Court Lauds Blogs “As A Means Of Free Dissemination Of News And Public Comment”–Comins v. Vanvoorhis

Photo credit: I Love Blogging // ShutterStock

Photo credit: I Love Blogging // ShutterStock

A number of states have “retraction” laws that require plaintiffs to demand a retraction from media defendants before suing for defamation. How these laws apply to Internet publishers arose early in the development of Internet jurisprudence. For example, in the 1995 case It’s In the Cards v. Fuschetto, the court held that the Wisconsin retraction statute didn’t apply to an online bulletin board service.

The Internet industry has changed a lot in the last 20 years, and now it’s clearer that many blogs are the functional equivalent of media publications. Check out how one Florida court addressed the issue (I’ve bolded some of my favorite parts):

it is hard to dispute that the advent of the internet as a medium and the emergence of the blog as a means of free dissemination of news and public comment have been transformative. By some accounts, there are in the range of 300 million blogs worldwide. The variety and quality of these are such that the word “blog” itself is an evolving term and concept. The impact of blogs has been so great that even terms traditionally well defined and understood in journalism are changing as journalists increasingly employ the tools and techniques of bloggers—and vice versa. In employing the word “blog,” we consider a site operated by a single individual or a small group that has primarily an informational purpose, most commonly in an area of special interest, knowledge or expertise of the blogger, and which usually provides for public impact or feedback. In that sense, it appears clear that many blogs and bloggers will fall within the broad reach of “media,” and, if accused of defamatory statements, will qualify as a “media defendant” for purposes of Florida’s defamation law as discussed above.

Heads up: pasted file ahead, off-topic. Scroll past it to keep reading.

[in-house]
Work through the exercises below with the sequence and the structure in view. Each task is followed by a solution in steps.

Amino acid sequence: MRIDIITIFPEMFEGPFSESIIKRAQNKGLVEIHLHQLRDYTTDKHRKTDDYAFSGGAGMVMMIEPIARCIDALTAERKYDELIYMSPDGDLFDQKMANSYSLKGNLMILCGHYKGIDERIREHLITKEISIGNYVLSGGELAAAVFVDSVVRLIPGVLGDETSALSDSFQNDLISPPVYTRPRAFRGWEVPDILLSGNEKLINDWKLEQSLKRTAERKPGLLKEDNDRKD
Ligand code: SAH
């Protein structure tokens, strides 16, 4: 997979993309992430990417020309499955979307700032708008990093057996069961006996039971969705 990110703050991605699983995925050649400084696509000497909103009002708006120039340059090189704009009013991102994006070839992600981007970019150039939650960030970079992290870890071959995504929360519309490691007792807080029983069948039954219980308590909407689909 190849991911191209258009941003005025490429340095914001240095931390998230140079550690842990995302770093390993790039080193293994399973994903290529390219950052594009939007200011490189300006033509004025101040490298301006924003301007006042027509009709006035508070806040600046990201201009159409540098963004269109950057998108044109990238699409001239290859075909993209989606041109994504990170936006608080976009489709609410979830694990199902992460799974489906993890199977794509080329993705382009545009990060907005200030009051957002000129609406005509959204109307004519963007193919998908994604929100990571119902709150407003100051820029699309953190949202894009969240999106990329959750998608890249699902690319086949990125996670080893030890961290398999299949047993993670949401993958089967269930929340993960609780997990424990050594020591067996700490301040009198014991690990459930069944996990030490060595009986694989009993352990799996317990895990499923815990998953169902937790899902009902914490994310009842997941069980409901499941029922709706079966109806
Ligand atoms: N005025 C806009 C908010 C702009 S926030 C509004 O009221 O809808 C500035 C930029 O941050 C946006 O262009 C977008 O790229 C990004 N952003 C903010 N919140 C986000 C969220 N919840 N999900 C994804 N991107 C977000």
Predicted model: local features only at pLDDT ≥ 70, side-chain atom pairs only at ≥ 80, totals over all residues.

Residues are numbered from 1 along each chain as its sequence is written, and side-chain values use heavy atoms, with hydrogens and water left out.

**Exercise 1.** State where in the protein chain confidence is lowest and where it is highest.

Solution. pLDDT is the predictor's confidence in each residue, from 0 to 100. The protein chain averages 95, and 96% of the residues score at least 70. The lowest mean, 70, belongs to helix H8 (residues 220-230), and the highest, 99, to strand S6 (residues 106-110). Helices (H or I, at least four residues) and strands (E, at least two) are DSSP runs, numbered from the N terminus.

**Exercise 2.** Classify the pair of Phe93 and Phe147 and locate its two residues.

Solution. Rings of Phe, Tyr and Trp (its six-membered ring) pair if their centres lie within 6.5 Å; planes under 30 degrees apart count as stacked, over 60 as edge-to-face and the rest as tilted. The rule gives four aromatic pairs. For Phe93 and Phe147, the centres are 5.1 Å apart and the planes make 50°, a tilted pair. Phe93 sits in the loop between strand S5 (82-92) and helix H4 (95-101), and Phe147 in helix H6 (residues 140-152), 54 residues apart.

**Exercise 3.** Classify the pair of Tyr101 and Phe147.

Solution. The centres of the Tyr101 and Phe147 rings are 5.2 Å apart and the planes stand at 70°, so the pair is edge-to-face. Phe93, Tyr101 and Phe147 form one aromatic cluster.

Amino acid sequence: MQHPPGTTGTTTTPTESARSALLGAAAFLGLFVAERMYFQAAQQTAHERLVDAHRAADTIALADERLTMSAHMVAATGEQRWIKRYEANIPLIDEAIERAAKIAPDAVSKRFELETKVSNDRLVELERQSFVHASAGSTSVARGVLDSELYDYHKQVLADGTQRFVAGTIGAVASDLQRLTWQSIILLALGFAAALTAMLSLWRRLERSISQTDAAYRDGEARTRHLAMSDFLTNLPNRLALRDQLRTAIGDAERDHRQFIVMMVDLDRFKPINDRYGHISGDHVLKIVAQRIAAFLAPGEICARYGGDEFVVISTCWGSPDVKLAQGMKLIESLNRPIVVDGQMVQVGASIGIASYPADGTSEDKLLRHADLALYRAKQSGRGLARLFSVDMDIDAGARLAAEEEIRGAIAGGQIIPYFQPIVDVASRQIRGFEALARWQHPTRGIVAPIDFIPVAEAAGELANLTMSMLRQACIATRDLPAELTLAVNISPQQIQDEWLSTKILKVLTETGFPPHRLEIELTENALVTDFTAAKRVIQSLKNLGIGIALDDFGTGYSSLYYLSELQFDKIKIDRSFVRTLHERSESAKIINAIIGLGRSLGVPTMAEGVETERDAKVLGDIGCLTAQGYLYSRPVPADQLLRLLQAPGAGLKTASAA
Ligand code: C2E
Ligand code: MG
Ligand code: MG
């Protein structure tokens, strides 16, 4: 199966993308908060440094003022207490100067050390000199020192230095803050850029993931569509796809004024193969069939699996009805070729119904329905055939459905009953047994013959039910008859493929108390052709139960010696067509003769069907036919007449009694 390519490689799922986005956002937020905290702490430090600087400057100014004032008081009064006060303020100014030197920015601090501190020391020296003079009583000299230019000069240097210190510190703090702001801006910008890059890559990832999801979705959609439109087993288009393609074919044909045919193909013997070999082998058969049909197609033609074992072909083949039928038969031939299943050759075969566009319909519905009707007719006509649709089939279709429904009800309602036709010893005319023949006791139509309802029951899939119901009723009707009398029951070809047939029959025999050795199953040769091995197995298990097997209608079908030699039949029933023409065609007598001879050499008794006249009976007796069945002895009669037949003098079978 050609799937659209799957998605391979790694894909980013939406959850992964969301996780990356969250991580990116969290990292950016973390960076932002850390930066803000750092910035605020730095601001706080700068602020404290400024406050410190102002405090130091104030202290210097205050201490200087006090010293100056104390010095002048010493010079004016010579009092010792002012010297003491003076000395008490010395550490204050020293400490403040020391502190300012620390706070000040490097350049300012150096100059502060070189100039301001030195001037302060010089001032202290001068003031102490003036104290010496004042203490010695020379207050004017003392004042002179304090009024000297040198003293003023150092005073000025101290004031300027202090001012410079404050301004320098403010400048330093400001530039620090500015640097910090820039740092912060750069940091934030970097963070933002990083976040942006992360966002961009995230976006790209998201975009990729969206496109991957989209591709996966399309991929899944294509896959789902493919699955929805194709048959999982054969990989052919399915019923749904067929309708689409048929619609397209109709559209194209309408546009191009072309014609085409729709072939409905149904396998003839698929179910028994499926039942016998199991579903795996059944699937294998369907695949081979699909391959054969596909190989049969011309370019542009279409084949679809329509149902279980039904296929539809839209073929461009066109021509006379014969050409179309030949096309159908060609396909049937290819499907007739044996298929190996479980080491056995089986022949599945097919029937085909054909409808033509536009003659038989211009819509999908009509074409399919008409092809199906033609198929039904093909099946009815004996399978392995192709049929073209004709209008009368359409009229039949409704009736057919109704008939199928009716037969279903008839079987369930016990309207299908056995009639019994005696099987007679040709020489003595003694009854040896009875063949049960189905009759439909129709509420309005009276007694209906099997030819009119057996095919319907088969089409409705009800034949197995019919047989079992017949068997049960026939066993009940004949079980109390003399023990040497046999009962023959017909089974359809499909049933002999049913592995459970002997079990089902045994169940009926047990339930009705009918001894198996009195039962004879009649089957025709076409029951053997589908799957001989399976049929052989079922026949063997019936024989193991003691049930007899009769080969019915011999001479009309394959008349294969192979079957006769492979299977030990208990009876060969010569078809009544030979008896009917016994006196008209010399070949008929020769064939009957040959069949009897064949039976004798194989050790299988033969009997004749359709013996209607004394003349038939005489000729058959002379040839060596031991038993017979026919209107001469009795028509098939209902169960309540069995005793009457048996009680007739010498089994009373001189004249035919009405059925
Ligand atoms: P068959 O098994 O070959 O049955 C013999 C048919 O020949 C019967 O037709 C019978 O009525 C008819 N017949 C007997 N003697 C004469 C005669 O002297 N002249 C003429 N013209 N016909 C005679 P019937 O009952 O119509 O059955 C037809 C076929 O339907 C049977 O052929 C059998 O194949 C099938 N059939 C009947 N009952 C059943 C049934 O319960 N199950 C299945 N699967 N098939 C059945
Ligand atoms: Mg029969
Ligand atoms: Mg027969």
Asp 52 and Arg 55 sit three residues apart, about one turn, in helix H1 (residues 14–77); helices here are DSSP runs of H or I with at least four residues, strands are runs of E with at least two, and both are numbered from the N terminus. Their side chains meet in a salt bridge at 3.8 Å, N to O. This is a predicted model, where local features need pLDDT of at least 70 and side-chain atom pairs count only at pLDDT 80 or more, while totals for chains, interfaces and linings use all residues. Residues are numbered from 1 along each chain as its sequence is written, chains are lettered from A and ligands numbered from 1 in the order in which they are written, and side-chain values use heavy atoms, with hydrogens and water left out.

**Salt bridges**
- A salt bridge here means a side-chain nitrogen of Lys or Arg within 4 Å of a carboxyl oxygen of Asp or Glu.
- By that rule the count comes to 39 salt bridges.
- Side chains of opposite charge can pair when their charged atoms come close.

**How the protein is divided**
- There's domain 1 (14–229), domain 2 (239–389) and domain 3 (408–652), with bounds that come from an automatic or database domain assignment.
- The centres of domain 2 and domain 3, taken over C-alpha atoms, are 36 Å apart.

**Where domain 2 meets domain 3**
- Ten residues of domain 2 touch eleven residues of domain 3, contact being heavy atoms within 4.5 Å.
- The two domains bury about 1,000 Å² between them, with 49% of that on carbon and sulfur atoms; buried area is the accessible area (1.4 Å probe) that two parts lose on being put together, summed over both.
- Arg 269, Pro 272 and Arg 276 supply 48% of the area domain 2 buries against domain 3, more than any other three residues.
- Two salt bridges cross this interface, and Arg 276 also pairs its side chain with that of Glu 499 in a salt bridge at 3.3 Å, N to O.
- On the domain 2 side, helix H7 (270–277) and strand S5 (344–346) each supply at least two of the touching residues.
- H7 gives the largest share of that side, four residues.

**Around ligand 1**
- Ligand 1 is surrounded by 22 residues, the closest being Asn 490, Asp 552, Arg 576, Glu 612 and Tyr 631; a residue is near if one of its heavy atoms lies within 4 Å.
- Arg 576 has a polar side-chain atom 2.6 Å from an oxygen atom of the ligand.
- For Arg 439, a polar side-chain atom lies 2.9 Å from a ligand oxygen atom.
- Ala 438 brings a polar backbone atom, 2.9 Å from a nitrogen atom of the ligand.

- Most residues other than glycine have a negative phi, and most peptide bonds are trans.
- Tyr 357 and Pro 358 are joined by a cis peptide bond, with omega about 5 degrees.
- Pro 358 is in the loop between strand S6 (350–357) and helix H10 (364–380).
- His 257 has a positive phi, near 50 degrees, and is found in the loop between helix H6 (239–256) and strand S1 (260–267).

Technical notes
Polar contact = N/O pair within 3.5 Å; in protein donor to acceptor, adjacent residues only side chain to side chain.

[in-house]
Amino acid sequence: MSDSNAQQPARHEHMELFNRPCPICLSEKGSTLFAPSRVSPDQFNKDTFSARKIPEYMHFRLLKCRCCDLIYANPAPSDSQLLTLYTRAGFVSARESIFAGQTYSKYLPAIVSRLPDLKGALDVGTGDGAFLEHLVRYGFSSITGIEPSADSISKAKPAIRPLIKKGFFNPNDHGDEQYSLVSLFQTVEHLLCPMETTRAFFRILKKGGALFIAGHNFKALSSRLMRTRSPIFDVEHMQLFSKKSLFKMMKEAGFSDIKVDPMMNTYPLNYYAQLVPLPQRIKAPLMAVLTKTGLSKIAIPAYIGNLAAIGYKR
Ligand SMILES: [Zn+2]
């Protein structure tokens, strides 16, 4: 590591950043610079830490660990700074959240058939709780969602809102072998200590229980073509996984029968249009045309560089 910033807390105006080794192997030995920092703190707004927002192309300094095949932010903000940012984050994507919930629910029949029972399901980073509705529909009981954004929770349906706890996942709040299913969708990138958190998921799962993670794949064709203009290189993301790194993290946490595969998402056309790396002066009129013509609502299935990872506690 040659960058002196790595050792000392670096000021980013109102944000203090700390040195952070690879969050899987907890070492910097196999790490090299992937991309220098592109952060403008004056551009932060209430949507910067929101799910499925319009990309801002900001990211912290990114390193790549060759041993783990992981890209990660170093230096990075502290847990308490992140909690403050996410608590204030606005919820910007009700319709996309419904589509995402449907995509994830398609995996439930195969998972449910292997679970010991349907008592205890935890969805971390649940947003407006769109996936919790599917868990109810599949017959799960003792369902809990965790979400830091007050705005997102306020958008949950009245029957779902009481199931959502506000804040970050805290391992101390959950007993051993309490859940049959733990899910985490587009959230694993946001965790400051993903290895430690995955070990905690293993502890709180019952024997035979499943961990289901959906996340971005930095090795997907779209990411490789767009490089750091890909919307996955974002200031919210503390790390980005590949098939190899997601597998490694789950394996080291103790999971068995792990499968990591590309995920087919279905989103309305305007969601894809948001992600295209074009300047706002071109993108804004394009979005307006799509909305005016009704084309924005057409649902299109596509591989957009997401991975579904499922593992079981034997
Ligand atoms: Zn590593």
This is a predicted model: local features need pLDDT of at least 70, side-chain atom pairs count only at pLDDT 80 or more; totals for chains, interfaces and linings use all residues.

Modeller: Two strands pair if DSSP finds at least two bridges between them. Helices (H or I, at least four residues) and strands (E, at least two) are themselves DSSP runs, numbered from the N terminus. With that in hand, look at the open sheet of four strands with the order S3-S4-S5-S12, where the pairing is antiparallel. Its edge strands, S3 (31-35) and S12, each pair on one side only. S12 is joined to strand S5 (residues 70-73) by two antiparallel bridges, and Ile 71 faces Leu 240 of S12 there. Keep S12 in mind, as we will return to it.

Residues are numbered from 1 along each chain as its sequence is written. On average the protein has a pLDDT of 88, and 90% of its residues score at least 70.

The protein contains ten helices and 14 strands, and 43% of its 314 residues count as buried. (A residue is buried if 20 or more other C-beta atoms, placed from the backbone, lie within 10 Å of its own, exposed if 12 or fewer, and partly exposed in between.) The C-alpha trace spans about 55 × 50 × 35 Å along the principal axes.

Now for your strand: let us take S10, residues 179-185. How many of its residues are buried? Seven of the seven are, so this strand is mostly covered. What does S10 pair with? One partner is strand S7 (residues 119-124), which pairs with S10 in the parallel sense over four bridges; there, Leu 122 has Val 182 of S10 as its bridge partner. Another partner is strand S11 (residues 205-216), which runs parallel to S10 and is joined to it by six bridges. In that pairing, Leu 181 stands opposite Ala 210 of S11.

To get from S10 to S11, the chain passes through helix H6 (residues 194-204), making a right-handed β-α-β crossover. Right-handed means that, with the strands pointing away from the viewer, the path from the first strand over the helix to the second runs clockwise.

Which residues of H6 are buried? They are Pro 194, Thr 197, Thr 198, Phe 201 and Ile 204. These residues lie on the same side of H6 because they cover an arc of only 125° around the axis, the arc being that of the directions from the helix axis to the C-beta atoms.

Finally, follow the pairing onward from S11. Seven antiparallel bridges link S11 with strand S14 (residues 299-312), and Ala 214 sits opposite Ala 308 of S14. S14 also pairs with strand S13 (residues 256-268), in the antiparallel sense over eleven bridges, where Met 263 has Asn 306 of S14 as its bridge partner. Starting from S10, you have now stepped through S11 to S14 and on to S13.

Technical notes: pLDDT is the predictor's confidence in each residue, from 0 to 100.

There are many outstanding blogs on particular topics, managed by persons of exceptional expertise, to whom we look for the most immediate information on recent developments and on whom we rely for informed explanations of the meaning of these developments. Other blogs run the gamut of quality of expertise, explanation and even-handed treatment of their subjects. We are not prepared to say that all blogs and all bloggers would qualify for the protection of section 770.01, Florida Statutes, but we conclude that VanVoorhis’s blog, at issue here, is within the ambit of the statute’s protection as an alternative medium of news and public comment.


Case citation: Comins v. Vanvoorhis, 2014 WL 1393081 (Fla. Dist. Ct. App. April 11, 2014)